Fishy smells on or around the penis aren’t normal and could be due to poor hygiene, skin infections or sexually transmitted diseases like Trichomoniasis.
Your vagina may produce a light scent due to sweat or the occasional bacterial discharge, but a strong and sudden aroma could indicate infection or sexually transmitted infection (STI).
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Bacterial Vaginosis, commonly referred to as BV, occurs when normal bacteria in the vagina become out of balance and cause discharge with an unpleasant fishy scent after engaging in sexual activity or during their period. While it’s generally harmless, treating it may increase your chances of future infections so it is wise to do so immediately.
Most people with BV do not need to see a doctor; however, if you suspect an infection it would be wise to visit either your GP or sexual health clinic for assessment. They will discuss your symptoms and conduct a pelvic exam, before collecting vaginal discharge samples with a swab for testing under microscope for signs of infection; whiff tests to detect fishy smells will also be done before performing pH tests to measure how acidic your discharge may be – high pH values could indicate the presence of BV.
Antibiotics will usually be prescribed by your GP or sexual health provider in order to treat BV infections, either pills taken by mouth or vaginal gels and creams that must be applied topically. You may need to continue taking these antibiotics for several months until all signs of infection have cleared up completely; failing to complete your course of antibiotics could mean returning symptoms and the possibility that more serious problems might arise later on. It’s vitally important that all courses of antibiotics be completed as skipping even one could lead to another flare up bringing the infection back.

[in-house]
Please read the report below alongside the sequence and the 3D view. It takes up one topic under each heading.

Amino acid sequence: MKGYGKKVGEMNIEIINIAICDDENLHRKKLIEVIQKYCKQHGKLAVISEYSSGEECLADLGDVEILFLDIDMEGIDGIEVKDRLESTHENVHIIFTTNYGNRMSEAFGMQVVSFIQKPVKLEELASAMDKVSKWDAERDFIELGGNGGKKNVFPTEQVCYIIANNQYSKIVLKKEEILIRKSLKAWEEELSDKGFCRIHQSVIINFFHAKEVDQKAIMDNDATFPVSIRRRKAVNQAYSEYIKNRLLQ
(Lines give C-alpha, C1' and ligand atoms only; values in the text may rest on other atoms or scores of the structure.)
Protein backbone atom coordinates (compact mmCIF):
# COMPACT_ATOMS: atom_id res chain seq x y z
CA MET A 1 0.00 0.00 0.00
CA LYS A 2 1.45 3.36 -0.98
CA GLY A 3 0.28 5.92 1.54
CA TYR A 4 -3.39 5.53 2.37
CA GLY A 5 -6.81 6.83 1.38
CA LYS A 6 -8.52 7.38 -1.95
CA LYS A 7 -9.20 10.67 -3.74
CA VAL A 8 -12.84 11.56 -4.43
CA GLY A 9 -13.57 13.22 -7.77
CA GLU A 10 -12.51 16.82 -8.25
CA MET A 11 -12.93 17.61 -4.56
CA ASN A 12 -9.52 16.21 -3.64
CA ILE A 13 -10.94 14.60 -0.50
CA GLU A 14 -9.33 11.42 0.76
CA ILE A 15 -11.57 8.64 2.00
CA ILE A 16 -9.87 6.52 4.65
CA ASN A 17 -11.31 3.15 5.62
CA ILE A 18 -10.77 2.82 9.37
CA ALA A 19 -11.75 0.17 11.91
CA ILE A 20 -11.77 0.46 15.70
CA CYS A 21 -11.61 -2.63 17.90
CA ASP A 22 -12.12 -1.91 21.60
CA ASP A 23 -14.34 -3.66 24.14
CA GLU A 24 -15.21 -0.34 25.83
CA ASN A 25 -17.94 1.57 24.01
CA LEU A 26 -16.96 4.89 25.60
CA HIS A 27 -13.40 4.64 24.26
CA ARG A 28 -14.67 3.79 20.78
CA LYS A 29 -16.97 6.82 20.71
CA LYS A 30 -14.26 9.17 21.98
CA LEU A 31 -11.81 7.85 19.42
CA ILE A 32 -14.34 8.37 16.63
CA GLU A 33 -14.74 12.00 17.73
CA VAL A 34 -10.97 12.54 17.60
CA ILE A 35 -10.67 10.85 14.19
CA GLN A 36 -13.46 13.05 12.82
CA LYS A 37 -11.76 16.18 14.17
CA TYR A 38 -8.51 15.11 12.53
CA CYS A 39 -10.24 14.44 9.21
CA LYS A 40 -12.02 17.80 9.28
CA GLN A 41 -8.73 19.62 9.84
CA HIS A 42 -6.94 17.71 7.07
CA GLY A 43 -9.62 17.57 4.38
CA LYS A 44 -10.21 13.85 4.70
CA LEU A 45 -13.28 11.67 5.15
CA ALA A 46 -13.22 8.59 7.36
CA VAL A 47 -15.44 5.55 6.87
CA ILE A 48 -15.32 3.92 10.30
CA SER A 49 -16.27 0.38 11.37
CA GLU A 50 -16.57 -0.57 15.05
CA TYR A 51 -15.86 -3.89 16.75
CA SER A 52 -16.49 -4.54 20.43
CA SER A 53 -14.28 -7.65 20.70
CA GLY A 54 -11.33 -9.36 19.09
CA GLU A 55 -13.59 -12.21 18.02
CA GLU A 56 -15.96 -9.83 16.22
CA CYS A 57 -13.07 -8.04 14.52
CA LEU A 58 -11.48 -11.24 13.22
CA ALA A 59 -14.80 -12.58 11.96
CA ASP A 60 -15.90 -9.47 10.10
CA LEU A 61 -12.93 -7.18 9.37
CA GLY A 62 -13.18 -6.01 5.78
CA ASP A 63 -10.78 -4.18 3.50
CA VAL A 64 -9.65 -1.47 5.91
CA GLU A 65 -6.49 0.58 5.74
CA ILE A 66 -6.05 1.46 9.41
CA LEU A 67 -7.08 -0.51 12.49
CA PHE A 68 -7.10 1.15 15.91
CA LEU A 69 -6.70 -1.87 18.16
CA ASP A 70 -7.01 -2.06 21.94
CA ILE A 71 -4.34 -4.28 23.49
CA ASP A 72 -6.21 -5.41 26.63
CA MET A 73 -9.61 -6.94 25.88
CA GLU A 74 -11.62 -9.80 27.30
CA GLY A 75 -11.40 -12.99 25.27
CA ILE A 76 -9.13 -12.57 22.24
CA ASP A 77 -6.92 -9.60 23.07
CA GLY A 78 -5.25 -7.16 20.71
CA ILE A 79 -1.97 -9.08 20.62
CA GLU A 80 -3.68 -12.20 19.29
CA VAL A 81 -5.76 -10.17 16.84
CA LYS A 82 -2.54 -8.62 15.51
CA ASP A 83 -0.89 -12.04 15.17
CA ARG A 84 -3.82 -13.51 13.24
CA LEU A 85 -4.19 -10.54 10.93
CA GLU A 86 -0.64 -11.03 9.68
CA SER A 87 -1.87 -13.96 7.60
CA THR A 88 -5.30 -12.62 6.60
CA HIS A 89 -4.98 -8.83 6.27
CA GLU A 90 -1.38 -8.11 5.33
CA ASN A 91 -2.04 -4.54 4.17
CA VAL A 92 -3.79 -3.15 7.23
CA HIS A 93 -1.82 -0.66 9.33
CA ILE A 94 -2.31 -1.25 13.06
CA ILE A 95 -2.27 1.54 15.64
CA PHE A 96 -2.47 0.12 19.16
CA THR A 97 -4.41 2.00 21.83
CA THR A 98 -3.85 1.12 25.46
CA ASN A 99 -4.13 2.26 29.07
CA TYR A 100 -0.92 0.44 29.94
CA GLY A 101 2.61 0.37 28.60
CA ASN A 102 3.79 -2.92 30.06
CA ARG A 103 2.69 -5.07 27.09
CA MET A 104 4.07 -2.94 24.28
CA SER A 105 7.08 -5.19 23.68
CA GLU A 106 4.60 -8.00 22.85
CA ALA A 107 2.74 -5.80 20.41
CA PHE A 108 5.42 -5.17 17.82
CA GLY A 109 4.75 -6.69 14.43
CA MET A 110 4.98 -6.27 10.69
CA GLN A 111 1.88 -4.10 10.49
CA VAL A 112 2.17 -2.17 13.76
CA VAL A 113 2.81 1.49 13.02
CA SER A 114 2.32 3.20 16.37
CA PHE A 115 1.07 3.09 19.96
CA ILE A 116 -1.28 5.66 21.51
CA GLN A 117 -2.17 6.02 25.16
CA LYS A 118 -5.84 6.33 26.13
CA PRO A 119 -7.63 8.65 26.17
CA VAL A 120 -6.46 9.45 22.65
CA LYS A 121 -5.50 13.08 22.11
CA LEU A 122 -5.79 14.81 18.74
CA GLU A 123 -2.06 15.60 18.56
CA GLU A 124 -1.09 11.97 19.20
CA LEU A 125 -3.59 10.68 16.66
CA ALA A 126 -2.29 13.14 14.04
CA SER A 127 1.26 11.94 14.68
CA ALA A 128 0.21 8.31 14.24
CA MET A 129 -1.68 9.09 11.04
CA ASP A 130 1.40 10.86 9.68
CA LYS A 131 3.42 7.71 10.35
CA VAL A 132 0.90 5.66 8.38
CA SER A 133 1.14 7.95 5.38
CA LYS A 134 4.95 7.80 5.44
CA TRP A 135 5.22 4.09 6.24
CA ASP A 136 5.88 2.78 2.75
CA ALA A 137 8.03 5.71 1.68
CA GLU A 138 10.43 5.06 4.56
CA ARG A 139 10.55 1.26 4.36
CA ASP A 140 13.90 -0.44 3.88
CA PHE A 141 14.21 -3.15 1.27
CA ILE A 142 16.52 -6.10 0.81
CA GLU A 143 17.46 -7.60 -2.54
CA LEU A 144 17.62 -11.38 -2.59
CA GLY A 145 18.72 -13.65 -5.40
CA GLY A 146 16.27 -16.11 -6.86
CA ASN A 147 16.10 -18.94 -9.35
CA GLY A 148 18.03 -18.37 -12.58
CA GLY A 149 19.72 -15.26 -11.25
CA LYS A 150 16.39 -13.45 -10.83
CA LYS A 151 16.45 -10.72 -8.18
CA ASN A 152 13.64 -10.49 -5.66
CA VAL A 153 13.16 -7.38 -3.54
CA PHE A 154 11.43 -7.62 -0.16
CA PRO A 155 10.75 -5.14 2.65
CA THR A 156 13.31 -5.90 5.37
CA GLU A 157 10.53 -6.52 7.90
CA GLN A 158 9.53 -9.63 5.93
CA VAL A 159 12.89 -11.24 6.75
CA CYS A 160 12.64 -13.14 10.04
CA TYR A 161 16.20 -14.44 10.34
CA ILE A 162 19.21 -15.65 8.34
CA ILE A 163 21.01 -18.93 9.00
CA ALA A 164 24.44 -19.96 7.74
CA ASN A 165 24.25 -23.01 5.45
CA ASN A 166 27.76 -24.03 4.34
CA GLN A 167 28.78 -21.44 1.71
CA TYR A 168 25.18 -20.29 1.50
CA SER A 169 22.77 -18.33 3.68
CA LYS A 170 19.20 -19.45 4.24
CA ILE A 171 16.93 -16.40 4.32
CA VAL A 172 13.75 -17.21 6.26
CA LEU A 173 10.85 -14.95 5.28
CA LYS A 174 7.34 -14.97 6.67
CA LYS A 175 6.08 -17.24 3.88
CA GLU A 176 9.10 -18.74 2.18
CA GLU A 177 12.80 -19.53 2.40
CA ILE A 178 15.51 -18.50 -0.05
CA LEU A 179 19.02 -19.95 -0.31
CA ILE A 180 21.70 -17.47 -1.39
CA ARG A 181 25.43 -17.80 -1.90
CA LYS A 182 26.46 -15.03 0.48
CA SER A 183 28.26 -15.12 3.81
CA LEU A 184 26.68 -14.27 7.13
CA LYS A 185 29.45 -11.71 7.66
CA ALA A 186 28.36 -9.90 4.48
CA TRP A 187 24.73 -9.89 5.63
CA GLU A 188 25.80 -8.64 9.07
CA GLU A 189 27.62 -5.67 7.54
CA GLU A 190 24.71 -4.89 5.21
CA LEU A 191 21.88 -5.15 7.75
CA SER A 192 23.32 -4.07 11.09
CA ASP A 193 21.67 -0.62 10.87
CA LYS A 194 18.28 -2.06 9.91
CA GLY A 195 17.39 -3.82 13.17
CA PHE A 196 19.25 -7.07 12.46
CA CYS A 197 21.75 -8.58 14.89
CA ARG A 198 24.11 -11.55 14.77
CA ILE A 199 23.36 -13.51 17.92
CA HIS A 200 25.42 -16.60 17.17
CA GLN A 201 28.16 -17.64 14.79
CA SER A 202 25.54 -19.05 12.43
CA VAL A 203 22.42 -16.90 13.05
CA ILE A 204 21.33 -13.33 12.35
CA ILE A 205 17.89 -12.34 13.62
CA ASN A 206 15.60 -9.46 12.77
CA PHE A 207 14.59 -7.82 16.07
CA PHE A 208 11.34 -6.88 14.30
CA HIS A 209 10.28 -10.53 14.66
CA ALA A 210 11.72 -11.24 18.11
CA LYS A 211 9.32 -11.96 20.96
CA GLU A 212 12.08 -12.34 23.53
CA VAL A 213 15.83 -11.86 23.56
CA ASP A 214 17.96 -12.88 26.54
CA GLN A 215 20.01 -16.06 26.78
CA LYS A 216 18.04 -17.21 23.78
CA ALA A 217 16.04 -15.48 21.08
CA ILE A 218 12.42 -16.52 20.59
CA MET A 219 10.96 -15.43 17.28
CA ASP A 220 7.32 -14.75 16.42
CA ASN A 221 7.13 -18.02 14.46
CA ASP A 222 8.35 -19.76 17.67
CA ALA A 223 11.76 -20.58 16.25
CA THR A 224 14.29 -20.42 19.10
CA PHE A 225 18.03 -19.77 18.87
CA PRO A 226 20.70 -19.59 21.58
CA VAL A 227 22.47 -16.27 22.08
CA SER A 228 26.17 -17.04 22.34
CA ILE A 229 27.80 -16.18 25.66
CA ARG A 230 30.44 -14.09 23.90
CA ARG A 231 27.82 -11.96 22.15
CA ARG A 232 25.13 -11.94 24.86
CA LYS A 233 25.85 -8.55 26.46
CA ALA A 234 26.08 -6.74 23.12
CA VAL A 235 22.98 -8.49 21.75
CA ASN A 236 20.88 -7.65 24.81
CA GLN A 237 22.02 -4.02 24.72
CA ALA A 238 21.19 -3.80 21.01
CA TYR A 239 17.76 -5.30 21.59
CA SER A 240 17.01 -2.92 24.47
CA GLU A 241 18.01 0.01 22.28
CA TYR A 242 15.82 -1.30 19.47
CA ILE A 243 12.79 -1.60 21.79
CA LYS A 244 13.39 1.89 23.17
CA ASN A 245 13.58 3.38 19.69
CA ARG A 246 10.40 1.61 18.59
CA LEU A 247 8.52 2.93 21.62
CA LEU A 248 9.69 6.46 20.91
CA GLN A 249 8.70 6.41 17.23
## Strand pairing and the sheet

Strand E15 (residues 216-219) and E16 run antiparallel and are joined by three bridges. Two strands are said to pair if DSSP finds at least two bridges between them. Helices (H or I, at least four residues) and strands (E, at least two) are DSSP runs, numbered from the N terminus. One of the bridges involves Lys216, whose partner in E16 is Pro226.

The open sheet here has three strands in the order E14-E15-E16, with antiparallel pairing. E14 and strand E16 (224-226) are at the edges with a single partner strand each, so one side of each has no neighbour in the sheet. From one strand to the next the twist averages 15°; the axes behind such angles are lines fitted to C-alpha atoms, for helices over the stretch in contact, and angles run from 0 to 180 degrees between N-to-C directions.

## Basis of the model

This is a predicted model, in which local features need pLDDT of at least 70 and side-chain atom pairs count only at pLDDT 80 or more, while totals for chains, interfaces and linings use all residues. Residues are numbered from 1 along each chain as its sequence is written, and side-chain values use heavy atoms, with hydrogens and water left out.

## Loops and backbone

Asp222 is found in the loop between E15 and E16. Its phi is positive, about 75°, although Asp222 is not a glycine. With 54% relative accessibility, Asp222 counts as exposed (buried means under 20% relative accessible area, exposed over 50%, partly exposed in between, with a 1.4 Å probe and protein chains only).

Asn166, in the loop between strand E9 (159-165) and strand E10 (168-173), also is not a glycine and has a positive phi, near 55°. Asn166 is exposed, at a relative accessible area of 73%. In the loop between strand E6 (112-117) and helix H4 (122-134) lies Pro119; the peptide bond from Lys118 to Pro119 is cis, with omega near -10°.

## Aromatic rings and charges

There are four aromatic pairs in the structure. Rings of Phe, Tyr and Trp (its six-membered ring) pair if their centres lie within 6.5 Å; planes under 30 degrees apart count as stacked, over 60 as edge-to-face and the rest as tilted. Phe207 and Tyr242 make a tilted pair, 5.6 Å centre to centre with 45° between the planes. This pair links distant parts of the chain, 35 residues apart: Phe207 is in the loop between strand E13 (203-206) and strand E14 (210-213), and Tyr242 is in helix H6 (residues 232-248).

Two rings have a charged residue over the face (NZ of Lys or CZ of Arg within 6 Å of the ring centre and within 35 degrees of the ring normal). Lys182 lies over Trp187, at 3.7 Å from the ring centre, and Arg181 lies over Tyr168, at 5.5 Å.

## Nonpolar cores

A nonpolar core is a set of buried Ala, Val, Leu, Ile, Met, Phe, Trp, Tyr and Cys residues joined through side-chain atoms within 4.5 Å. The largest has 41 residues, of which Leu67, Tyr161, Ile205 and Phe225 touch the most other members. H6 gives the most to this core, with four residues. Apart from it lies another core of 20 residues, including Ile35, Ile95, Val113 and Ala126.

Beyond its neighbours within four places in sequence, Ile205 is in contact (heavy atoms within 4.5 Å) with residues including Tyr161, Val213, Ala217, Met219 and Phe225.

Men with BV don’t need to worry about getting other infections as women can, as BV-infected sexes cannot spread STIs as easily through unprotected sexual encounters. But other conditions that resemble BV can still occur, like penile thrush. Penile thrush occurs when Candida albicans fungus grows overgrow on the penis and causes itching and discharge – something unprotected sexual activity may spread further.
BV doesn’t typically pose serious health concerns for men, but it can make sexual activity or starting a family more challenging. Furthermore, BV increases a woman’s risk of pelvic inflammatory disease (PID), which increases premature delivery rates and low birth weight babies as well as making pregnancy more complicated by increasing chances of infections and other issues during gestation.